Q&A: Queen, Adam Lambert Talk New Tour, Pressure and John Deacon
Brian May, Adam Lambert and Roger Taylor backstage before their tour announcement at Madison Square Garden in New York City.
Just five years ago, Adam Lambert auditioned for American Idol by singing Queen's "Bohemian Rhapsody" and "We Will Rock You." In his wildest dreams, he couldn't have imagined he was kickstarting a series of events that would make him the newest Queen frontman. The trio played together on the show and teamed up again for a small series of overseas gigs last year. Now, they're launching a full American tour this summer. Rolling Stone sat down with Brian May, Roger Taylor and Lambert to talk about the the tour, future plans and their relationship with former Queen bassist John Deacon.
Adam, how did Freddie Mercury inspire you as a young singer?
Adam Lambert: Freddie had so much power and intensity to his voice. I was always a loud singer, so I identified with the way he attacked things. He had such an amazing attack. On the flip side, he could give you something so lyrical and smooth. He had so many different colors, and I'm very inspired by that.
Tell me about seeing Adam sing for the first time. What struck you about him as a singer and performer?
Brian May: It was both at the same time. I always think that singing is a very physical thing. I'm now famous for attacking The Voice in Britain. I think it's a stupid idea to put someone behind a screen or turn your back to them. A singer is full-on in every respect. It's a physical thing. It's the sound, the look, the animal magnetism. You don't question it. When you see Adam, you see a performer. He's performing from his heart. He's interpreting the song. I never had any question that he's the real thing. It's a rare thing to find someone with that much talent and the instrument to put it forward.
Roger, how did you first see Adam? Was it on Youtube?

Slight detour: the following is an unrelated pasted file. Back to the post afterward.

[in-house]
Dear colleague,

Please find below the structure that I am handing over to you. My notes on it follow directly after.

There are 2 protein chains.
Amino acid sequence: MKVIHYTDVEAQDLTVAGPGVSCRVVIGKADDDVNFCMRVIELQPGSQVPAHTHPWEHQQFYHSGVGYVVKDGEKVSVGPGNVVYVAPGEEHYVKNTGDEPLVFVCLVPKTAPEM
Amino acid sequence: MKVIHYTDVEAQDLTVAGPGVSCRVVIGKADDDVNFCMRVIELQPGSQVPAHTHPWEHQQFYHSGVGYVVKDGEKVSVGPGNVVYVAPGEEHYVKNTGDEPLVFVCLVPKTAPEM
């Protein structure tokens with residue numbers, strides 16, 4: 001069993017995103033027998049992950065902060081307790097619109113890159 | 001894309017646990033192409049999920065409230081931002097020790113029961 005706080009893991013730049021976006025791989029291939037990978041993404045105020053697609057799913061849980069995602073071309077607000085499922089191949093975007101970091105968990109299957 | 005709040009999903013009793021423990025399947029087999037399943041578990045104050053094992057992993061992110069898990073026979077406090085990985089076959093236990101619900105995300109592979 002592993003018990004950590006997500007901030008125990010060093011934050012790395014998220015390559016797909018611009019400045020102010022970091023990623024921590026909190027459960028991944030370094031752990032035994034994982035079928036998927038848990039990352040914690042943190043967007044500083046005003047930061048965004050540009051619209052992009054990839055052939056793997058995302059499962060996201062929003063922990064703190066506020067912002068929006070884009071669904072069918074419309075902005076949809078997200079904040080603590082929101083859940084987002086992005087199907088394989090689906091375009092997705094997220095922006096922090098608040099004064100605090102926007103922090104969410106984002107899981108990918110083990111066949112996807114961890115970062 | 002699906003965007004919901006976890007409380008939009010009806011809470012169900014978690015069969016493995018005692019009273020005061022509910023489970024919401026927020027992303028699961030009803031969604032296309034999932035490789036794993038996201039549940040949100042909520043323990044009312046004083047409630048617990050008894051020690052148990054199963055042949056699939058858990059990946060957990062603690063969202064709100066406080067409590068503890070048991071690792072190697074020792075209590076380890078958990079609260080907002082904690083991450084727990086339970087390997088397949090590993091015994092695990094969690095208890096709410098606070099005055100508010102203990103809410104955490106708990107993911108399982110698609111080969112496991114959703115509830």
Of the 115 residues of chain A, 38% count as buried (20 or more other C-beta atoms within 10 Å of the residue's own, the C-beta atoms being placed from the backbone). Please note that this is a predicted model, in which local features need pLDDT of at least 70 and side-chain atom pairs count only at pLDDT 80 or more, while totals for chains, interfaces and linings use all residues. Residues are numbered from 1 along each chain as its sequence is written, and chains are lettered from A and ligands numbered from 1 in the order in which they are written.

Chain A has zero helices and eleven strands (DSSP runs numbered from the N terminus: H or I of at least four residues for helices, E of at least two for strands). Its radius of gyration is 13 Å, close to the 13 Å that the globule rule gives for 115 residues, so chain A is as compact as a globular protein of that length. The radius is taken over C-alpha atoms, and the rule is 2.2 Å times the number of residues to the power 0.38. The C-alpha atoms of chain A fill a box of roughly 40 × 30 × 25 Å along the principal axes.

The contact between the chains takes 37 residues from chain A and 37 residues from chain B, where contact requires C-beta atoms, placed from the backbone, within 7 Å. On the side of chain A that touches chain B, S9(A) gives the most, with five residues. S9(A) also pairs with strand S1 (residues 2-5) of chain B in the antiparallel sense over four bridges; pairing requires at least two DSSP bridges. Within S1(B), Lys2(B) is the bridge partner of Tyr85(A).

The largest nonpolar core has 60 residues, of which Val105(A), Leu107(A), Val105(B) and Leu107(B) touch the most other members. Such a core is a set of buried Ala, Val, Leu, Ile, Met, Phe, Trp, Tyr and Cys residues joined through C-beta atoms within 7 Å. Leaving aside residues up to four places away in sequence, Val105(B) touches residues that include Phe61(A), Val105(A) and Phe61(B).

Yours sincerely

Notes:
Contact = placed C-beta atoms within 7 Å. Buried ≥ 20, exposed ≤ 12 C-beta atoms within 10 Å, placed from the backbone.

Roger Taylor: Yeah. A musician friend of mine in America was like, "You've gotta check out this guy on Idol." So we Googled you. His voice was phenomenal. I was just like, "Wow."
Adam: Thanks guys!
Taylor: I said you had this sort of slight Elvis look going on. I just thought, "Wow, what a voice! Those octaves!" That was my first impression. It was just like anybody else hearing about someone with an extraordinary talent.
At the press conference you said he was a "diva in the best possible way." Can you elaborate on that?
Taylor: To me, diva means an extraordinary, outrageously theatrical, brilliant performer.
May: [Sarcastically] But he is really difficult.
Lambert: You ain't seen nothing yet! You should see my rider.
Adam, have you taken a crash course in the Queen catalog. Do you know every song by this point?
Lambert: When we did our run overseas in Europe, we had about ten days to rehearse. I'm very familiar with a big handful of the hits. That's what I grew up hearing. There were definitely some songs I wasn't familiar with. It was a bit of pressure to know I knew them and to learn them. That pressure and that intensity of the process gives it a lot of power. I like pressure.
There's a lot of younger fans that never got the chance to see Queen live. This won't be nostalgia for them, but a new experience.
May: We were very conscious of that in making this decision. This is the closest that you'll ever get to see Queen as it was in our golden days, but it's not a reproduction. It's not an imitation. We're here live and real and we have a great singer. They'll be a lot of newness about this. I think that's very exciting. It'll be loud and dangerous and all the things that people used to look for in us.